In this light, British historian David W. Bebbington, in his seminal work Evangelicalism in Modern Britain: A History from the 1730s to the 1980s (London, UK: Unwin Hyman, 1989) gave us four points to describe Evangelicalism (both Old and New). Known as the "Bebbington Quadrilateral," these four points are: Conversionism (a focus on the necessity of each person to individually turn to Christ in faith for salvation), Activism (a commitment to participate with God in his saving mission in the world), Biblicism (a devotion to the Bible as the Word of God written for all of faith), and Crucicentrism (a focus on Jesus Christ and the substitutionary atonement of Christ for sins) [Bebbington, 5-17]. Academia by and large has agreed with Bebbington's four pillars of Evangelicalism, even though Bebbington's insights have for the most part yet to filter down to the churches.

The Bebbington Quadrilateral however has to be modified in light of the differences between the churches before and after the First Great Awakening. The first pillar, Conversionism, has to be modified to "a focus on the necessity of each person to individually turn to Christ in faith for salvation, with the necessity of a recollection of a personal conscious experience in doing so." The reason for this modification is that Evangelicalism has always rejected the notion of regenerate covenant children being raised in the faith, but who have not felt a single day apart from Christ, and whose lives are not filled with great spiritual experiences. That was why the congregationalists in Puritan New England had trouble with the spiritual lives of the second and third generation puritans to the extent that Solomon Stoddard (Jonathan Edwards' grandfather) instituted the Halfway Covenant. The New England Puritans had developed an imbalanced experimental Christianity whereby believers are to recount some spiritual experience whereby they have trusted Christ for their salvation. Now, this was not yet the emotional decisionism of Charles Finney and his part in the Second Great Awakening, for believers were not asked to produce a specific conversion experience. However, evidence of spiritual life was to be sought in having some form of crisis resulting in spiritual conversion to God. The half-way covenant came about because so many second and third generation Puritans did not possess that crisis-faith experience and therefore were not admitted into church membership and the Lord's Supper, despite how orthodox they were in their profession of faith. What happens when these non-communicant members desire to present their children for baptism? The half-way covenant was Stoddard's way of promoting a "half-way" whereby these second and third generation Puritans could be admitted to the Lord's Supper and have their children baptized if they were orthodox in doctrine and not scandalous in behavior, even though they were not considered full members of the church (officially non-communicant members who partake of Holy Communion!)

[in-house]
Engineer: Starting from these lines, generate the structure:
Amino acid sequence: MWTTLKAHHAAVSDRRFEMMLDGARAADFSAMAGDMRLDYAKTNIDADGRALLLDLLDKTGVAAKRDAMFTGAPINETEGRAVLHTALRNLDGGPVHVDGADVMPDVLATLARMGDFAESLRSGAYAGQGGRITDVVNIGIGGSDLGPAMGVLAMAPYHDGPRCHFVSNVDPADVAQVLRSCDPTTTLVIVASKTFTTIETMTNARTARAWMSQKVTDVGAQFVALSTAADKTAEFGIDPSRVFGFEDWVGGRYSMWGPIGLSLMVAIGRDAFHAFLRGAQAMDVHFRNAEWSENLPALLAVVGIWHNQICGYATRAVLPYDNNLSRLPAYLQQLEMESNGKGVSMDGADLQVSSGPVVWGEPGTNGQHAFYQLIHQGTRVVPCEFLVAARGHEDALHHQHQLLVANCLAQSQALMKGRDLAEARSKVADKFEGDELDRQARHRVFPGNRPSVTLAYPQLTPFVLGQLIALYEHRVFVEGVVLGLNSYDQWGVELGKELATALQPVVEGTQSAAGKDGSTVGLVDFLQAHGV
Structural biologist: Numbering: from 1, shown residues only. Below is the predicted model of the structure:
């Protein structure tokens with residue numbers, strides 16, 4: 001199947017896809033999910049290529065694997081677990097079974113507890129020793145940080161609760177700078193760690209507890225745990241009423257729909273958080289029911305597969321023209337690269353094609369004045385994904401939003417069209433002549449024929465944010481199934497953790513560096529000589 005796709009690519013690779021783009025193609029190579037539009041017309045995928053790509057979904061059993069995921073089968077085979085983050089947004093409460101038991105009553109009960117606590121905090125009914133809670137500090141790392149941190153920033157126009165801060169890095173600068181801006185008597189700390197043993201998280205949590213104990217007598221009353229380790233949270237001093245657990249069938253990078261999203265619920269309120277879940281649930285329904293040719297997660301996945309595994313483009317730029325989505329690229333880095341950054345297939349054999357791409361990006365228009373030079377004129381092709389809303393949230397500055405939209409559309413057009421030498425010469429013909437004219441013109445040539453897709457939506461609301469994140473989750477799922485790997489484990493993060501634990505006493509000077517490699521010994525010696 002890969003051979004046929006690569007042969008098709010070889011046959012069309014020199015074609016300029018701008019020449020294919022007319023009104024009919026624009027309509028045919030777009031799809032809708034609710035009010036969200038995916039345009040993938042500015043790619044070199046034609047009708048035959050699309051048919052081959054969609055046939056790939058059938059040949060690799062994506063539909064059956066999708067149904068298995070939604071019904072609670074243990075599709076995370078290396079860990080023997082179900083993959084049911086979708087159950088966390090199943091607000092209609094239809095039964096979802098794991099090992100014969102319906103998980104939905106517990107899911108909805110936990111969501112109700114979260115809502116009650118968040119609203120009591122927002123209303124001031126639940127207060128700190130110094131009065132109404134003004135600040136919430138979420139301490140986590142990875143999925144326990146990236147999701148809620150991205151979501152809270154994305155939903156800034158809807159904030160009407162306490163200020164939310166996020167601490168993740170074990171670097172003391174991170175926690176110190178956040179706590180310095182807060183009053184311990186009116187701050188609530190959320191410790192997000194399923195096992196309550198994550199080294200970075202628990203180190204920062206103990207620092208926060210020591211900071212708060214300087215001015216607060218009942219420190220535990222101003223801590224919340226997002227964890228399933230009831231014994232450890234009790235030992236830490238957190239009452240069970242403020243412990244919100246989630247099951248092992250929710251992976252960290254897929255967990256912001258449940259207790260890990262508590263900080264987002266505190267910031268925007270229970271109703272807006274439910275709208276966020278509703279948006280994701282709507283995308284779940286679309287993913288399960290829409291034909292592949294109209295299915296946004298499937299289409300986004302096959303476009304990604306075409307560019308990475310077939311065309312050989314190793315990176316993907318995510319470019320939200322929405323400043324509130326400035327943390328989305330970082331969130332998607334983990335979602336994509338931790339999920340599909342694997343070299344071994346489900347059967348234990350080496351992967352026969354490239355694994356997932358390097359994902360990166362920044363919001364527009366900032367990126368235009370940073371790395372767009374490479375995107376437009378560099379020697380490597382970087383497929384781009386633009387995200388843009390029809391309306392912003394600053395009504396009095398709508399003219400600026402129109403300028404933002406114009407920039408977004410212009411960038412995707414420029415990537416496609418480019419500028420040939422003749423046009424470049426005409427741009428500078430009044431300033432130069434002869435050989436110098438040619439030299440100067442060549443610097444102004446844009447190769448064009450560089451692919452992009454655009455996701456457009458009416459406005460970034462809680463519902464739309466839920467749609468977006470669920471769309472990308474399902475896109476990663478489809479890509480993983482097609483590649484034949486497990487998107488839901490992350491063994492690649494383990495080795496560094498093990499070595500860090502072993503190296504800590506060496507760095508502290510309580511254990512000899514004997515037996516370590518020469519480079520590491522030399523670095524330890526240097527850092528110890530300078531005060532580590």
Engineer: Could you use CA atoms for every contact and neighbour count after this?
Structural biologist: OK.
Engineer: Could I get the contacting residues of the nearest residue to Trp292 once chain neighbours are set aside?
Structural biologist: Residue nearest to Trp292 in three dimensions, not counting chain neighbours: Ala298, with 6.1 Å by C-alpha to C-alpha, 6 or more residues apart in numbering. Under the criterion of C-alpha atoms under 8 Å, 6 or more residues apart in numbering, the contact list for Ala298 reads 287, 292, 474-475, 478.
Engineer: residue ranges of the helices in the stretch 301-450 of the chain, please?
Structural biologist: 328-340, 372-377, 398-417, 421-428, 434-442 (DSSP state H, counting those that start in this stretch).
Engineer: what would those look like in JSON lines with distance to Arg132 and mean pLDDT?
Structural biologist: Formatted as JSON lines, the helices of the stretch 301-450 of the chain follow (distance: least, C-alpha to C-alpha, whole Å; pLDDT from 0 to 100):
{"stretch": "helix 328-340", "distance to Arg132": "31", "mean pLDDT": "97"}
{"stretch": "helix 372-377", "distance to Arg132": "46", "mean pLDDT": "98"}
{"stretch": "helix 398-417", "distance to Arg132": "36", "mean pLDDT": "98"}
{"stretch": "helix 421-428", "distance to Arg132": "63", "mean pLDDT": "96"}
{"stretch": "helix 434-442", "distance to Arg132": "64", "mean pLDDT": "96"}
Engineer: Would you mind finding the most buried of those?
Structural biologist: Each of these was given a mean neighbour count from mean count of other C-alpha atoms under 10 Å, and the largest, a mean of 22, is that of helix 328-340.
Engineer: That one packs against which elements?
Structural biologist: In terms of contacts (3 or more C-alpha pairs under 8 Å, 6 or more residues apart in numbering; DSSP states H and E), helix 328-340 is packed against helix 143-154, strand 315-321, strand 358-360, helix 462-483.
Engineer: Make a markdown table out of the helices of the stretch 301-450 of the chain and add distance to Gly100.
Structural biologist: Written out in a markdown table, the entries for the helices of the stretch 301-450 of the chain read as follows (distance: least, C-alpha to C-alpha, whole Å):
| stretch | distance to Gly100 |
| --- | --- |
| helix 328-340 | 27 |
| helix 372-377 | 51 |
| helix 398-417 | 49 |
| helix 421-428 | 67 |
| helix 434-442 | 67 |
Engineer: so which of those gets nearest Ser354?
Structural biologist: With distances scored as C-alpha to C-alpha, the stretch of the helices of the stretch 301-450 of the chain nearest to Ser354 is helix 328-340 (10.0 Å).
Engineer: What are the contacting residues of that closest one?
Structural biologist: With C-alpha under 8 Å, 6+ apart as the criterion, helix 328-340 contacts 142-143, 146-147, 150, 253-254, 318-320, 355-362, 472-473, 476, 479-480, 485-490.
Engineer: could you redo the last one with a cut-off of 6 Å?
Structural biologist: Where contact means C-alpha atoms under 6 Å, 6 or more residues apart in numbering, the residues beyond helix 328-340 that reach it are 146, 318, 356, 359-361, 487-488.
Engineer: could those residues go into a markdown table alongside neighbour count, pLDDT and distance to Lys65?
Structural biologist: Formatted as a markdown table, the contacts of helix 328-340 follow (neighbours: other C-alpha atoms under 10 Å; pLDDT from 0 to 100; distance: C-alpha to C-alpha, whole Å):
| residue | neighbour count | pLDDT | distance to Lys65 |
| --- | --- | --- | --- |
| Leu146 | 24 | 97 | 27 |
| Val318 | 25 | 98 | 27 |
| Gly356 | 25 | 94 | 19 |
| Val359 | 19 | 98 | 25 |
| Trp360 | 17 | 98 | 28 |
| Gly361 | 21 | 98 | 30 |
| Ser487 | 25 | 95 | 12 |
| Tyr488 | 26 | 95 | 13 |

Jonathan Edwards, as one of the major leaders of the First Great Awakening, ultimately chose to reject the Halfway covenant which his grandfather had instituted. Edwards rejected the Halfway Covenant not by accepting that covenant children might not have a radical faith experience, but rather by biting the bullet and insisting that covenant children without a faith experience should be regarded as unbelievers. Thus, one can be orthodox in doctrine and godly in life, but if a conversion experience cannot be shown, he is to be regarded as a heathen! It is only a matter of time before the conversion experience become a conversion decision experience, which Charles Finney popularized in his anxious bench, and Billy Graham with his altar call.

The first pillar of Evangelicalism, Conversionism, is thus to be modified to a necessity of a conversion experience. The Old Evangelicalism, the Evangelicalism of the First Great Awakening, only insisted on some intense spiritual experience sometime in one's life, and is therefore more orthodox than the experience called for in Finney's anxious bench and Graham's alter call. Yet for both Old and New Evangelicalism, conversion experience, and spiritual experiences in general are considered vital for a genuine Christian life, apart from which a person no matter how orthodox and godly is considered dead.

[to be continued]

Sunday, March 18, 2018

On Reformed Piety

What is Reformed piety? Or is there such a thing as Reformed piety, as distinct from Evangelical piety? For those of us who do not identify as "Evangelicals," and that even before the term has become politicized during and after the election of US President Donald Trump, we do see a difference between Reformed piety and Evangelical piety. We do this, not out of a blind following of tradition, but because of what we see as being taught in Scripture and in light of the implications of Scripture.

It might be charged that such a statement in itself is schismatic in nature. In response, it must be said that we do not seek to break fellowship, but rather we seek to be truthful, and not pretend that there is fellowship and unity where none actually exist. Is it truthful to claim unity when in reality unity of praxis does not exist? Are we to be like the crowd marveling at the Emperor's (non-existent) new clothes? So likewise, the charge of division and schism presupposes what I explicitly deny, and thus the charge is vacuous.